Harvard University researchers have found that children who start school up to a year sooner than many of their peers are more likely to be diagnosed with ADHD — even if they don’t really have the condition. As a result, large numbers of children may be improperly labeled with the disorder when, instead, they are just immature.
In a study published in the New England Journal of Medicine, the researchers looked at the records of more than 407,000 children from every state and found that younger children in the same grouping of students had a 30 percent higher risk for an ADHD diagnosis than older students.
It said this variation may be explained by experts labeling children as having attention-deficit/hyperactivity disorder when they are simply displaying behavior consistent with their age.
“Our findings suggest the possibility that large numbers of kids are being overdiagnosed and overtreated for ADHD because they happen to be relatively immature compared to their older classmates in the early years of elementary school,” said Timothy Layton, the study’s lead author and an assistant professor of health-care policy at the Blavatnik Institute at Harvard Medical School.
ADHD is a brain-based medical disorder that affects the behavior of people across age, gender, intelligence and socioeconomic lines. Children with ADHD may daydream a lot, talk too much, fidget, frequently forget and lose things, act impulsively, display risk-taking behavior and have trouble making transitions.
According to the Centers for Disease Control and Prevention, “the percent of children estimated to have ADHD has changed over time and its measurement can vary.” The American Psychiatric Association stated in its 2013 Diagnostic and Statistical Manual of Mental Disorders that 5 percent of children have ADHD, but other studies have found higher rates in community samples. It is also believed that while ADHD may be overdiagnosed in some populations, it is underdiagnosed in others.
The authors of the new paper, titled “Attention Deficit-Hyperactivity Disorder and Month of School Enrollment,” reached their conclusions after analyzing records from a large insurance database.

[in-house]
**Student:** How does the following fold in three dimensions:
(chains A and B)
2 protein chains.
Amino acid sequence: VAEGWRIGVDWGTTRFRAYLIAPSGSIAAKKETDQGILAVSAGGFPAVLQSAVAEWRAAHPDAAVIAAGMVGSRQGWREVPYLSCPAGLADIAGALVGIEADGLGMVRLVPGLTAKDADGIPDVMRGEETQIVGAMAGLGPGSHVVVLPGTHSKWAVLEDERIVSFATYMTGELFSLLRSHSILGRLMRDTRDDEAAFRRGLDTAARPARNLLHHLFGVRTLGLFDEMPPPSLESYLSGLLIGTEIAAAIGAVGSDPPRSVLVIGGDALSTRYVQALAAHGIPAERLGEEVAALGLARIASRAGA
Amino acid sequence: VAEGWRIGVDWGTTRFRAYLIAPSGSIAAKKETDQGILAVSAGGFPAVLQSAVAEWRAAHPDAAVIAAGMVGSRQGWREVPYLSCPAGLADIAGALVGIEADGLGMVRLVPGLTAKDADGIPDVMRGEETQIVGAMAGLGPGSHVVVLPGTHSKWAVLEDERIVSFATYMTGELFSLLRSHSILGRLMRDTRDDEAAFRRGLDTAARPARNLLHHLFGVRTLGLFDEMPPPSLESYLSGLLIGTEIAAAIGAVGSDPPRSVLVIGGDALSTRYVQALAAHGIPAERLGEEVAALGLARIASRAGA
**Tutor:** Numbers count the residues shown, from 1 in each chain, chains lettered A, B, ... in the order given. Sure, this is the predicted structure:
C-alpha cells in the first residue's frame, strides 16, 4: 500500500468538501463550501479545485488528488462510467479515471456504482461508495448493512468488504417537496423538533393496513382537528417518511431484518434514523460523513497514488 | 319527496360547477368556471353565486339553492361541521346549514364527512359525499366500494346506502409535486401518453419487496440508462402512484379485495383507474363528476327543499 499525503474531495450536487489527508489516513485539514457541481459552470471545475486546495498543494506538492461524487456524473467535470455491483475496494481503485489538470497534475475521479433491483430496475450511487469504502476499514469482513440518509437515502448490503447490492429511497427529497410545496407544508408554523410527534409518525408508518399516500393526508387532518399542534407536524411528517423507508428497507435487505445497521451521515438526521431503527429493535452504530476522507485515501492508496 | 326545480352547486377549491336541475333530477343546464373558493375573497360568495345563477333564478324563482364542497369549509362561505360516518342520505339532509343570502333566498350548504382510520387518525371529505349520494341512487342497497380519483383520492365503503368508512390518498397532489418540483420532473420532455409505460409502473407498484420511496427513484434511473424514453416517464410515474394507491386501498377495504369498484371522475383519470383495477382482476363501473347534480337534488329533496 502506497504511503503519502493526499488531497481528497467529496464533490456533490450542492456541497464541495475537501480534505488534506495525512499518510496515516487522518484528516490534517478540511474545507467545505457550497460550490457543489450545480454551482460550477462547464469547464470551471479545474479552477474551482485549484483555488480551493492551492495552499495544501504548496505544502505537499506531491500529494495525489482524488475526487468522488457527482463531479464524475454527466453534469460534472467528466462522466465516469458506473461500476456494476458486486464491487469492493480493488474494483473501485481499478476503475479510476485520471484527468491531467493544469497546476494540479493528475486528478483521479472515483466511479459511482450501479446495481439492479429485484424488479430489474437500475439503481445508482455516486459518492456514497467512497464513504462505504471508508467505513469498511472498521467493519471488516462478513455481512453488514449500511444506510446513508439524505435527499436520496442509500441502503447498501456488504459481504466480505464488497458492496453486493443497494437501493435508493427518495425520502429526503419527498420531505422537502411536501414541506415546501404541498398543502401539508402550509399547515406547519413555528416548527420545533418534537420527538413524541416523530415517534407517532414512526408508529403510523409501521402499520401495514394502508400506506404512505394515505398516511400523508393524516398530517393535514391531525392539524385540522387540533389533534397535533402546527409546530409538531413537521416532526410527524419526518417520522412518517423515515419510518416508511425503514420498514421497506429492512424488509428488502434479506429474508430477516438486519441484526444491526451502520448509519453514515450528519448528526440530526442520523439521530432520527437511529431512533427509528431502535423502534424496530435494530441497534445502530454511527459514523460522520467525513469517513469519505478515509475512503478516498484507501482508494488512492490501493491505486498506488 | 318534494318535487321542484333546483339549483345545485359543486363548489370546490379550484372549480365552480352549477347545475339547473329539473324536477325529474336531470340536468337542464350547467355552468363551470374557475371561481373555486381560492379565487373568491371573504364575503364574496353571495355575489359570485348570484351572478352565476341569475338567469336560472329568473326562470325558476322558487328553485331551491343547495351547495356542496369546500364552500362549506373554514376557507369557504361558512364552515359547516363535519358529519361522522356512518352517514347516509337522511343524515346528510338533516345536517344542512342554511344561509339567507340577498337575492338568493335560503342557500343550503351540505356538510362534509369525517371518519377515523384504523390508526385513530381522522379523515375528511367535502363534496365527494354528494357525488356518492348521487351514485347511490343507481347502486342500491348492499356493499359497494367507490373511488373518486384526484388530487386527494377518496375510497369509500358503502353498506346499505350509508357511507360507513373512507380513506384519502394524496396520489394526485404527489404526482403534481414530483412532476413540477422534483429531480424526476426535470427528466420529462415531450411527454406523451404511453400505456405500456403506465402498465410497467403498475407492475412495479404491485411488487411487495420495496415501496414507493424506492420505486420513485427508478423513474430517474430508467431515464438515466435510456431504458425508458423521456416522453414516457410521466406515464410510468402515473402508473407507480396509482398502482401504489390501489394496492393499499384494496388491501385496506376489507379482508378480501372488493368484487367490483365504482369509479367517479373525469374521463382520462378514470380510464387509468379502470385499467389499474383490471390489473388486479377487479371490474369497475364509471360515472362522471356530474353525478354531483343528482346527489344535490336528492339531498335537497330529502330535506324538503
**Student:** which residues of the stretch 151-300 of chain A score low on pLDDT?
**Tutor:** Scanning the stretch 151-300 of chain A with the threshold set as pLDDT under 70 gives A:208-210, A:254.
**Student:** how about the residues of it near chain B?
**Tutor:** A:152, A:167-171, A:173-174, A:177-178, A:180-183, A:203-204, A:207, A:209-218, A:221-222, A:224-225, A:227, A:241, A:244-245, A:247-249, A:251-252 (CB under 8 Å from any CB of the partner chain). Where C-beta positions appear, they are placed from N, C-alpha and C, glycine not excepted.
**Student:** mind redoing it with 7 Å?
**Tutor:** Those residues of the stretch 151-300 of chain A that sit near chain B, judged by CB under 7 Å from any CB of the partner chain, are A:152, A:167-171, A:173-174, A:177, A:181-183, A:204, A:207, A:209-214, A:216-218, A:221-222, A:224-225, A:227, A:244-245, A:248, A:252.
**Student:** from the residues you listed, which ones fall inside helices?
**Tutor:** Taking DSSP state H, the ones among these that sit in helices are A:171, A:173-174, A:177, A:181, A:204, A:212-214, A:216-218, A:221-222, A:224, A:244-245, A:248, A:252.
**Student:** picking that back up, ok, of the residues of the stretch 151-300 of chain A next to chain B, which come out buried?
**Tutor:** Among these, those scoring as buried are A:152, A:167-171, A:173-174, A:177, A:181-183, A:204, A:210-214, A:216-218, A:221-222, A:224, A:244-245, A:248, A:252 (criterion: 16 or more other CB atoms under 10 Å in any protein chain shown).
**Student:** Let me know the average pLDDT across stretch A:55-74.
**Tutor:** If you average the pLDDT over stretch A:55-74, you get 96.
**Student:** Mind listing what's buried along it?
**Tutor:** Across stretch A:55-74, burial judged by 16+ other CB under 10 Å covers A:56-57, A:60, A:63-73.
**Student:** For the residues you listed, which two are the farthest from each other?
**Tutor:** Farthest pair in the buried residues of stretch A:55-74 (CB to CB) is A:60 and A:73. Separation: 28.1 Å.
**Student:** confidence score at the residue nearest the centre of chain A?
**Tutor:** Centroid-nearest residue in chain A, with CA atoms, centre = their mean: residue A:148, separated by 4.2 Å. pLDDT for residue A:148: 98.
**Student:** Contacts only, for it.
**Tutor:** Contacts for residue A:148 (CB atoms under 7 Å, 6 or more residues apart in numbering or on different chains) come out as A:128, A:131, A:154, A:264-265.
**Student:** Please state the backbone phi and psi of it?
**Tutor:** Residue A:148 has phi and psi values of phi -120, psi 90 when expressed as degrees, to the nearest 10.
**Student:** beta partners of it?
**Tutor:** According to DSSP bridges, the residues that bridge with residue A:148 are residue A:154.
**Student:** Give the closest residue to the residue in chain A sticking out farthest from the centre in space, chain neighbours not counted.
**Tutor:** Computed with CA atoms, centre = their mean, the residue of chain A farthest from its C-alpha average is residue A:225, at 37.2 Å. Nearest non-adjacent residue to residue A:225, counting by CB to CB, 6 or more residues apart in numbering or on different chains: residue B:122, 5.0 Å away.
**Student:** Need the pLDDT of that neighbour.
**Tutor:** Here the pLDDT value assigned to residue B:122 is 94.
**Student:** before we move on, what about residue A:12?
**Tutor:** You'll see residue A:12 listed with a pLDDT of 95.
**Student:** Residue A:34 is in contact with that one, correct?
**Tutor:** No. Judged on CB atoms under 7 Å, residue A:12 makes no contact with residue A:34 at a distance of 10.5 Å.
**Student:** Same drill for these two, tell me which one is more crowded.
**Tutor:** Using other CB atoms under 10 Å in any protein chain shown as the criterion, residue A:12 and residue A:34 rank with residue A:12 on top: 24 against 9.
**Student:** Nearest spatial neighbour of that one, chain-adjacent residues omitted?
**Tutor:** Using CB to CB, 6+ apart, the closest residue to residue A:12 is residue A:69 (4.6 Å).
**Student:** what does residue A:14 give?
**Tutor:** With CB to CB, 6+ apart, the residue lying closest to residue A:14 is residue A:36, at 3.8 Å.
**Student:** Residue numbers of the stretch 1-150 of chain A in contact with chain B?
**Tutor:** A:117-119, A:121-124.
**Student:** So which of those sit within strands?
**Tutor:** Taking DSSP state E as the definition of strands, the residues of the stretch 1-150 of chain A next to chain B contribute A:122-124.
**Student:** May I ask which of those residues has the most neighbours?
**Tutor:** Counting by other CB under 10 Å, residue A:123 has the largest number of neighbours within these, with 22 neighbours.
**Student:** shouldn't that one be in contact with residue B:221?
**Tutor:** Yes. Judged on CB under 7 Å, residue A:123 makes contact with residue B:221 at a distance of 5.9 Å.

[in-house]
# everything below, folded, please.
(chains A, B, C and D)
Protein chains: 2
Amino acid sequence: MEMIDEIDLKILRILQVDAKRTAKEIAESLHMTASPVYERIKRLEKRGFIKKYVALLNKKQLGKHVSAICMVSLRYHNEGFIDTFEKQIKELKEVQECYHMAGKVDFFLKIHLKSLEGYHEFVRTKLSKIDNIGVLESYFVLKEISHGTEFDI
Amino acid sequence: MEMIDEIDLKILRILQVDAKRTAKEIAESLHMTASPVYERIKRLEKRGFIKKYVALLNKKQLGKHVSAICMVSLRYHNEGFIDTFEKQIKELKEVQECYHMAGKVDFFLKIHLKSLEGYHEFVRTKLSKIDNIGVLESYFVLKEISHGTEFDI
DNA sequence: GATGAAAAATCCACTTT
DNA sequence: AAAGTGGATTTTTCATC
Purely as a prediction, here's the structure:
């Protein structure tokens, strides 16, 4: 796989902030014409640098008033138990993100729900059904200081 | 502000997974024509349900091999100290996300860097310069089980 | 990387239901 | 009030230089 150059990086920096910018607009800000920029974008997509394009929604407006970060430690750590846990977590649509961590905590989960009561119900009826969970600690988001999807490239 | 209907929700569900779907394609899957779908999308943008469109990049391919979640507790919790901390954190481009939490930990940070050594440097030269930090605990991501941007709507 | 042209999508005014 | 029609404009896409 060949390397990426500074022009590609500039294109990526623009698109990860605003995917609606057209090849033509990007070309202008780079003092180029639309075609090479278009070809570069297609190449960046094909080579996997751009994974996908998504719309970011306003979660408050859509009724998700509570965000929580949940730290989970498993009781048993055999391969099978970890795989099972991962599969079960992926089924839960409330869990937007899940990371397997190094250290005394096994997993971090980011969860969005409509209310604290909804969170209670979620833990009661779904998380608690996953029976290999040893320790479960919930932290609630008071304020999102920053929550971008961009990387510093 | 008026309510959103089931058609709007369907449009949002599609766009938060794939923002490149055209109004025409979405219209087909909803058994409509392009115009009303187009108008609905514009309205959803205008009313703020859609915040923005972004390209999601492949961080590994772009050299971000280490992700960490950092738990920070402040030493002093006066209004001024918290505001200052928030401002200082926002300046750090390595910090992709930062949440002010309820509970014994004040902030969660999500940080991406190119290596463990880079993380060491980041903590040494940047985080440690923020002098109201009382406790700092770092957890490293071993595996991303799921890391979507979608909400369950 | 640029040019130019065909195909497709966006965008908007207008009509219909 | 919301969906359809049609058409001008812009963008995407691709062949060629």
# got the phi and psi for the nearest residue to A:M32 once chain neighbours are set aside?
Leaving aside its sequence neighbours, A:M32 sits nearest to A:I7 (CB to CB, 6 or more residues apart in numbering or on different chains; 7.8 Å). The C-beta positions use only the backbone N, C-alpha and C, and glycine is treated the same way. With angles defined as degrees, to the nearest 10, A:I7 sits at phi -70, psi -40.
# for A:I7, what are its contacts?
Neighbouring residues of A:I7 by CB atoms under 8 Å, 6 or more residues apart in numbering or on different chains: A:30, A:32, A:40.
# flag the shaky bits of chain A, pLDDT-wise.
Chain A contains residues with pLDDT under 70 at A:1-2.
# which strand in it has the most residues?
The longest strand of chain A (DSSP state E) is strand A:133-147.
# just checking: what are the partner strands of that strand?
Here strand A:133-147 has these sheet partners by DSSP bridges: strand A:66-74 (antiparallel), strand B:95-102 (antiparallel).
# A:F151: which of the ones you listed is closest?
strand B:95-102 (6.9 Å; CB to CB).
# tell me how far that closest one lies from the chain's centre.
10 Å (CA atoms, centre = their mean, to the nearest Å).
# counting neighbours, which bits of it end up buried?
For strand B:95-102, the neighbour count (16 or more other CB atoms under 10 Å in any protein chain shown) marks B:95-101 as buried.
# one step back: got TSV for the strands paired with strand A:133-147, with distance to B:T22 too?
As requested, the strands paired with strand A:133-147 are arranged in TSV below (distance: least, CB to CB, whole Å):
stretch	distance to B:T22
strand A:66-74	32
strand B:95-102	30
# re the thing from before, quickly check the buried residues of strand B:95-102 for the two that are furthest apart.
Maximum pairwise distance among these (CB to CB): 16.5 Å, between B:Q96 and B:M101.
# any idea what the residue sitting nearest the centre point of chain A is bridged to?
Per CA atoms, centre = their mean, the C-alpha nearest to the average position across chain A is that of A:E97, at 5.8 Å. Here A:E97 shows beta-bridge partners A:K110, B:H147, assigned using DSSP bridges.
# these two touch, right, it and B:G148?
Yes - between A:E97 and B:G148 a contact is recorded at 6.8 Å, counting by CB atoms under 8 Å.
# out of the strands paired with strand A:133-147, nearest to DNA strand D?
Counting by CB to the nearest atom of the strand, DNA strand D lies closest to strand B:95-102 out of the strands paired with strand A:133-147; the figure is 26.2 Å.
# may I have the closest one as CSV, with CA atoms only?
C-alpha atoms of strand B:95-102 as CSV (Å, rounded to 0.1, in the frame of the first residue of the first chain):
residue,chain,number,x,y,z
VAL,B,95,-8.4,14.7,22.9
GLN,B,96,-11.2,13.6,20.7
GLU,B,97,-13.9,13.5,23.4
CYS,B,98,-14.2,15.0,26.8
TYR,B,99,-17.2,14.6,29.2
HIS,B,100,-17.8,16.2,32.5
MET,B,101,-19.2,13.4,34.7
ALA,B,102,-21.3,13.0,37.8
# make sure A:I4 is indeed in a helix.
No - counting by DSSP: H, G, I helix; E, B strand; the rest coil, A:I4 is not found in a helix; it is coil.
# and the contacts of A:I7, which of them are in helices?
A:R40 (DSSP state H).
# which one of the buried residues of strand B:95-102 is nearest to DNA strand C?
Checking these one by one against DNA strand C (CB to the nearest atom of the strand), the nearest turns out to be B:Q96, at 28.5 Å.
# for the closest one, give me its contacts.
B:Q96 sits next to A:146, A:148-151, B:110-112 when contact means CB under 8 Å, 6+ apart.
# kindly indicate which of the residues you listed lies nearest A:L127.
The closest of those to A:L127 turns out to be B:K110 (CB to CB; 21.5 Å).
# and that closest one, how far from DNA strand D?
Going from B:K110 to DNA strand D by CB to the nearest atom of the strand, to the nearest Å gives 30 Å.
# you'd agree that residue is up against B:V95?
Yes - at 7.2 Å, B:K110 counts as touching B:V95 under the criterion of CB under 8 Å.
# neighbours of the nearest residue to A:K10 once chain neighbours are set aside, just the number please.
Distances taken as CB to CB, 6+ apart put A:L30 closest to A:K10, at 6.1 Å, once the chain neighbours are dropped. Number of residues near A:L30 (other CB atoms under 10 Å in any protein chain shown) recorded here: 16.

The Harvard researchers knew that most states have arbitrary age cutoffs for entry into public school, usually Sept. 1, and as a result, one child can start school at the same time as another who is nearly a year older. A child who was born in August could begin school and be in a class with children up to a year older because their birthdays are in September. That means the September-born child had a lot more time to develop socially.
“As children grow older, small differences in age equalize and dissipate over time, but behaviorally speaking, the difference between a 6-year-old and a 7-year-old could be quite pronounced,” study senior author Anupam Jena, an associate professor of health-care policy at Harvard Medical School, said in a statement. “A normal behavior may appear anomalous relative to the child’s peer group.”
The researchers compared the rate of ADHD diagnosis among children born in August with that among children born in September between 2007 and 2009 (and followed until the end of 2015). They also compared the rate in states requiring children to be 5 years old by Sept. 1 for enrollment in kindergarten and states without that requirement.
They found that in states with a Sept. 1 enrollment cutoff, August-born children had a 30 percent greater chance of an ADHD diagnosis than September-born children. No such differences were observed between children born in August and September in states with cutoff dates other than Sept. 1 for school enrollment, the report says.
When it came to treatment, researchers found that for every 100,000 students born in August, 53 received ADHD medication, compared with 40 out of 100,000 born in September.
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